Now what most people consider a POV display depends on moving some LEDs quickly so that it appears you have many more than actually exists. The pheonomenon discussed above that made all of the LEDs appear to be on at the same time is used here, except a moving LED will appear to be in several places at once. The trick is timing, and so for this arrangement, it is most useful to drive LEDs directly with microcontroller pins rather than use multiplexing techniques.
You can take a line of LEDs and spin them like the blades of a fan to create the illusion of a full disc of LEDs as the display. Many handheld devices rely on the user shaking the device back and forth. This requires some effort on the individual’s part to get the speed right to display the image properly, but is a quick and dirty method of getting a POV image in the air. Adding an IMU can help with getting the image consistent and straight. But as this waving cat shows, spinning with the addition of a position sensor is the time-tested way of building a stable and readable display. Something as simple as a hall effect sensor and a magnet can do the job nicely.
Spinning POV displays are a very popular build, either in the horizontal or the vertical plane. This creates a display that is either a flat disc, or cylindrical in nature. It’s an easy way to create regular, consistent motion for your POV display. They’re a great addition to bike wheels or a desktop fan. In order to synchronize the display and show a steady image, your microcontroller needs to know when the LEDs arrive back at the beginning of the rotation so the flashing pattern of LEDs synchronizes perfectly with the motion. You have many choices for syncing the display, including a Hall effect sensor and a magnet, an optical sensor, or even a mechanical switch.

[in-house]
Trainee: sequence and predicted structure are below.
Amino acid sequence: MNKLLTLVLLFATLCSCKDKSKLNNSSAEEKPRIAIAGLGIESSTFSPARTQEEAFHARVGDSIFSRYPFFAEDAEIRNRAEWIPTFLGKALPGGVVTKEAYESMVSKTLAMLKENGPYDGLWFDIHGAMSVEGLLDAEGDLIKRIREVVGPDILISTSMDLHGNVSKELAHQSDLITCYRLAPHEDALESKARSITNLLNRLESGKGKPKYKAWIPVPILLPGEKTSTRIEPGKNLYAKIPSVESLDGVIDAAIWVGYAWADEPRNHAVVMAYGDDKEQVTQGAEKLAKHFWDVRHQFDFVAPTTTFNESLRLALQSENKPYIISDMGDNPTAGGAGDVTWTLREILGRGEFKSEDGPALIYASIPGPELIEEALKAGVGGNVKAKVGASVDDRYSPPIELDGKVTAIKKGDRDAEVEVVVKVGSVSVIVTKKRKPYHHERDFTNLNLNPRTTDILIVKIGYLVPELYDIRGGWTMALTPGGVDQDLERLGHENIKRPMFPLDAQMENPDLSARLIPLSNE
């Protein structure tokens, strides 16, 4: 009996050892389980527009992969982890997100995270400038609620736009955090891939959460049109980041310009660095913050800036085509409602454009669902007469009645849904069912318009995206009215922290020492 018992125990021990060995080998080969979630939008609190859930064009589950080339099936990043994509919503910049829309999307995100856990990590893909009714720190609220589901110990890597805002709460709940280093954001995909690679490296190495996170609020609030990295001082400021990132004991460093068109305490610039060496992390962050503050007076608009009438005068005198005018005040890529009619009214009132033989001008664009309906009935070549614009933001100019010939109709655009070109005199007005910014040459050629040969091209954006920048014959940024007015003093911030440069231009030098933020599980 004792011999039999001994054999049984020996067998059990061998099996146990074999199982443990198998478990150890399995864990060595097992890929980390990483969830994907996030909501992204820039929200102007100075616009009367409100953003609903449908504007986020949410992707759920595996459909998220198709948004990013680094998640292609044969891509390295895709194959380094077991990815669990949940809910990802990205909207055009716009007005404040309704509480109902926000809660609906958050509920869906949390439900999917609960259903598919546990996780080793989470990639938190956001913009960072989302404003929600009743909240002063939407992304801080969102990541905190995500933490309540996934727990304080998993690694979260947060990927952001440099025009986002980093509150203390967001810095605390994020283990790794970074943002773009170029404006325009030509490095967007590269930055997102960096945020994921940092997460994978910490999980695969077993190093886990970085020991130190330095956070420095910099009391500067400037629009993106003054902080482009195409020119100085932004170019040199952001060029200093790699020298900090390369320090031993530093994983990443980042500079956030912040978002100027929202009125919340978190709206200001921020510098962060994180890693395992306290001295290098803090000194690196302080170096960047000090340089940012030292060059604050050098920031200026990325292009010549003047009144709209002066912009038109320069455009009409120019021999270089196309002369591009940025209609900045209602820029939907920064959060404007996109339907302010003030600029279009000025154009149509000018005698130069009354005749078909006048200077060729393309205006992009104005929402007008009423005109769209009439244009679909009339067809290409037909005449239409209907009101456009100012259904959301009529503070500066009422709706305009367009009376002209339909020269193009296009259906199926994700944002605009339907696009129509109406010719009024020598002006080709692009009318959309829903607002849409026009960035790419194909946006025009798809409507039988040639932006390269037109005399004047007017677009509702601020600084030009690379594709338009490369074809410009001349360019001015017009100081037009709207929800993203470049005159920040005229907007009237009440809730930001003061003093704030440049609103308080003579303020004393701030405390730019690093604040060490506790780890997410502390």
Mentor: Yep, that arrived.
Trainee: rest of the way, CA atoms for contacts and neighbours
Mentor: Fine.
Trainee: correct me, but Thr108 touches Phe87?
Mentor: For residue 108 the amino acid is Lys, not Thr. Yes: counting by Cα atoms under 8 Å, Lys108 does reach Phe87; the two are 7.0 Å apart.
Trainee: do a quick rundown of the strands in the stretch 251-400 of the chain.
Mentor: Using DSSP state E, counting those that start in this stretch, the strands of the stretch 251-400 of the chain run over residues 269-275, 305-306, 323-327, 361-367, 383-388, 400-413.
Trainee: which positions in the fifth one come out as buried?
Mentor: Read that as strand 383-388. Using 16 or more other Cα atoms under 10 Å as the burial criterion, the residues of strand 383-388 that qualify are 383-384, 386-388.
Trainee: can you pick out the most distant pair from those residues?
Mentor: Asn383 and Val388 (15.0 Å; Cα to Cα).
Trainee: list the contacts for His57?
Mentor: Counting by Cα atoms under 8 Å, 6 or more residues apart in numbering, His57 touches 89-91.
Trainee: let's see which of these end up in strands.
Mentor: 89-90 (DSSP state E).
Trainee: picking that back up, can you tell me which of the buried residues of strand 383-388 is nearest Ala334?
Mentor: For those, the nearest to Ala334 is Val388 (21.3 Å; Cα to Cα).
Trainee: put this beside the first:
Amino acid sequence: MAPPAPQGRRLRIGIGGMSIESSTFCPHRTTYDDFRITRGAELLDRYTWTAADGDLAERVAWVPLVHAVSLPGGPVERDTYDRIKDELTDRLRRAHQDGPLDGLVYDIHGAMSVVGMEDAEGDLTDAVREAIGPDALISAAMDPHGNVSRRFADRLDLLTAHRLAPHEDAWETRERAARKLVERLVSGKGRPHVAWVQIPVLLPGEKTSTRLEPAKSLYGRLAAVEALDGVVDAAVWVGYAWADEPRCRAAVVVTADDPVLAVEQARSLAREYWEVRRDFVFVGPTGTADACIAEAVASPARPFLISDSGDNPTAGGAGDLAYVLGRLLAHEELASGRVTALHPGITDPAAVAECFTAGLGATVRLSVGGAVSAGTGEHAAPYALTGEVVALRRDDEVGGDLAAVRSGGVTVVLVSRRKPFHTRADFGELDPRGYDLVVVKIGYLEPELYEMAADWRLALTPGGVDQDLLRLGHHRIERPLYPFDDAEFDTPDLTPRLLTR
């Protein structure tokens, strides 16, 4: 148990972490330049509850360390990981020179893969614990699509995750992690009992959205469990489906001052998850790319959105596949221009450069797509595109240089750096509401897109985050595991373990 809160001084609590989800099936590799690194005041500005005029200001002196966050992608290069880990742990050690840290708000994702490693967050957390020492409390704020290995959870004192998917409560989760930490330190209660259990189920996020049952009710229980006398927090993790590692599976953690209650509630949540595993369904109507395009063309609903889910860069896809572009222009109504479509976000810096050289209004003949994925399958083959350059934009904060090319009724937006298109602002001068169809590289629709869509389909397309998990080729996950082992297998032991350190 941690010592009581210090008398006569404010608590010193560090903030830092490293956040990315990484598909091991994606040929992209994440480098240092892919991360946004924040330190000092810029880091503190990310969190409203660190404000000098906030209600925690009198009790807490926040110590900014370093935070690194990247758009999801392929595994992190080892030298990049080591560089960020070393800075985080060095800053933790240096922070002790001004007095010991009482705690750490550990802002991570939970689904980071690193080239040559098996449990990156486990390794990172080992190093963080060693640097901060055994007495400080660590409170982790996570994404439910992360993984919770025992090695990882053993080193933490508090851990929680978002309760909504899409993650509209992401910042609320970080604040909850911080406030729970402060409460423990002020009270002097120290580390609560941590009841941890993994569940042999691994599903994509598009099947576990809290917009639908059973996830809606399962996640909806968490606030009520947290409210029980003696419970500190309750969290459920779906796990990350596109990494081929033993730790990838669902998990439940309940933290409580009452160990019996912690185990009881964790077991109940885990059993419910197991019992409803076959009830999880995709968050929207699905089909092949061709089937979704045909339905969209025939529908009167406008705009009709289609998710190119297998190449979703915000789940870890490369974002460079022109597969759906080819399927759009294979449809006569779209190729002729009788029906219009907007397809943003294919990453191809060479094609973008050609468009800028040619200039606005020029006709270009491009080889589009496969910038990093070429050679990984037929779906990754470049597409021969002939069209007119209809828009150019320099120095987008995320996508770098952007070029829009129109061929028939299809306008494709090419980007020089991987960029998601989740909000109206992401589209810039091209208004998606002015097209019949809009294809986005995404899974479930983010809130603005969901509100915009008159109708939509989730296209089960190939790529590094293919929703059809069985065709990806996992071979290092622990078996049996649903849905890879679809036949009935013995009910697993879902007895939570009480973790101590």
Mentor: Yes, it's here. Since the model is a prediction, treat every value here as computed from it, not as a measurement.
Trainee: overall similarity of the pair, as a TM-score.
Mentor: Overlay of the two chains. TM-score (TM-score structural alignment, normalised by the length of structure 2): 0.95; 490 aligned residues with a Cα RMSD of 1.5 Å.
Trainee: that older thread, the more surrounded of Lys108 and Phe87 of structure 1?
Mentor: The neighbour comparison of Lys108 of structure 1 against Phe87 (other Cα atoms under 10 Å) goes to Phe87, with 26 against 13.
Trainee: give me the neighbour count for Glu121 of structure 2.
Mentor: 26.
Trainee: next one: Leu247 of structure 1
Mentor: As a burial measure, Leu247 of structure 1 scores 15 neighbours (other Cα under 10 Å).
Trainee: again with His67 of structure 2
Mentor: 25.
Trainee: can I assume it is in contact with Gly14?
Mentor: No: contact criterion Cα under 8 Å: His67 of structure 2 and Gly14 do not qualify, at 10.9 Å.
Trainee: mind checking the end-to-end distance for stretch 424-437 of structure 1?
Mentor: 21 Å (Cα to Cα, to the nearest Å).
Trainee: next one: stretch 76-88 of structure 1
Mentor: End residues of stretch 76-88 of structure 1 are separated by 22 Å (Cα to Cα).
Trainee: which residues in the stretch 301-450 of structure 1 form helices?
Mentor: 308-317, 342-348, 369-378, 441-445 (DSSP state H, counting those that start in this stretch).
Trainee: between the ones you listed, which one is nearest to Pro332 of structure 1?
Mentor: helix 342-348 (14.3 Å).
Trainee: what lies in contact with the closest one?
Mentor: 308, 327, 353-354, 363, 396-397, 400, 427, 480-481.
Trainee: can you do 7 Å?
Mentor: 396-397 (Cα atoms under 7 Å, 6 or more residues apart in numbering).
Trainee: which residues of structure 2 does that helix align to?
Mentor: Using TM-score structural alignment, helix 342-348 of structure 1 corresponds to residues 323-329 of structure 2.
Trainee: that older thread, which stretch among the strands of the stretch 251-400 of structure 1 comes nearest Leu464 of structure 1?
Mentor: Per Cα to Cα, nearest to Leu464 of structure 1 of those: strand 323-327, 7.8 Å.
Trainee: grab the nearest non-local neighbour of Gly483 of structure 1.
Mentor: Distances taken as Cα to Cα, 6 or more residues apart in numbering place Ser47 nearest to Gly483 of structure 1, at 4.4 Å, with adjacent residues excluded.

Rotating devices can also face issues with power supply — how do you get power to the electronics that are rotating? Smaller projects can often get by with mounting all the electronics, along with a battery, on the rotating mechanism itself. Larger projects often employ slip rings, which allow the passage of power and data signals through a rotating mechanism. With the right design, it’s even possible to take things into the third dimension with this technique, creating a volumetric POV display.
Other projects have used alternative methods. We’ve seen flexible PCBs used in combination with magnetic fields to create a flapping display, as well as a 3D-printed reciprocating matrix build. In both cases, the trick is to create a motion that’s fast enough to trigger the persistence of vision effect, and ideally repeatable to create a steady and clear image.
With the basics of controlling LEDs and motion mastered, you should be well on your way to producing a viable POV display. Other factors can then be considered, such as how to communicate with and control the device, how to create images or messages for the device, or how to make it more robust and reliable in service. These are all engineering challenges that can make the difference between a fun experiment and a useful and exciting display. As you tackle these hurdles in your own builds, keep working away, and if you’ve built something great — be sure to let us know. Happy hacking!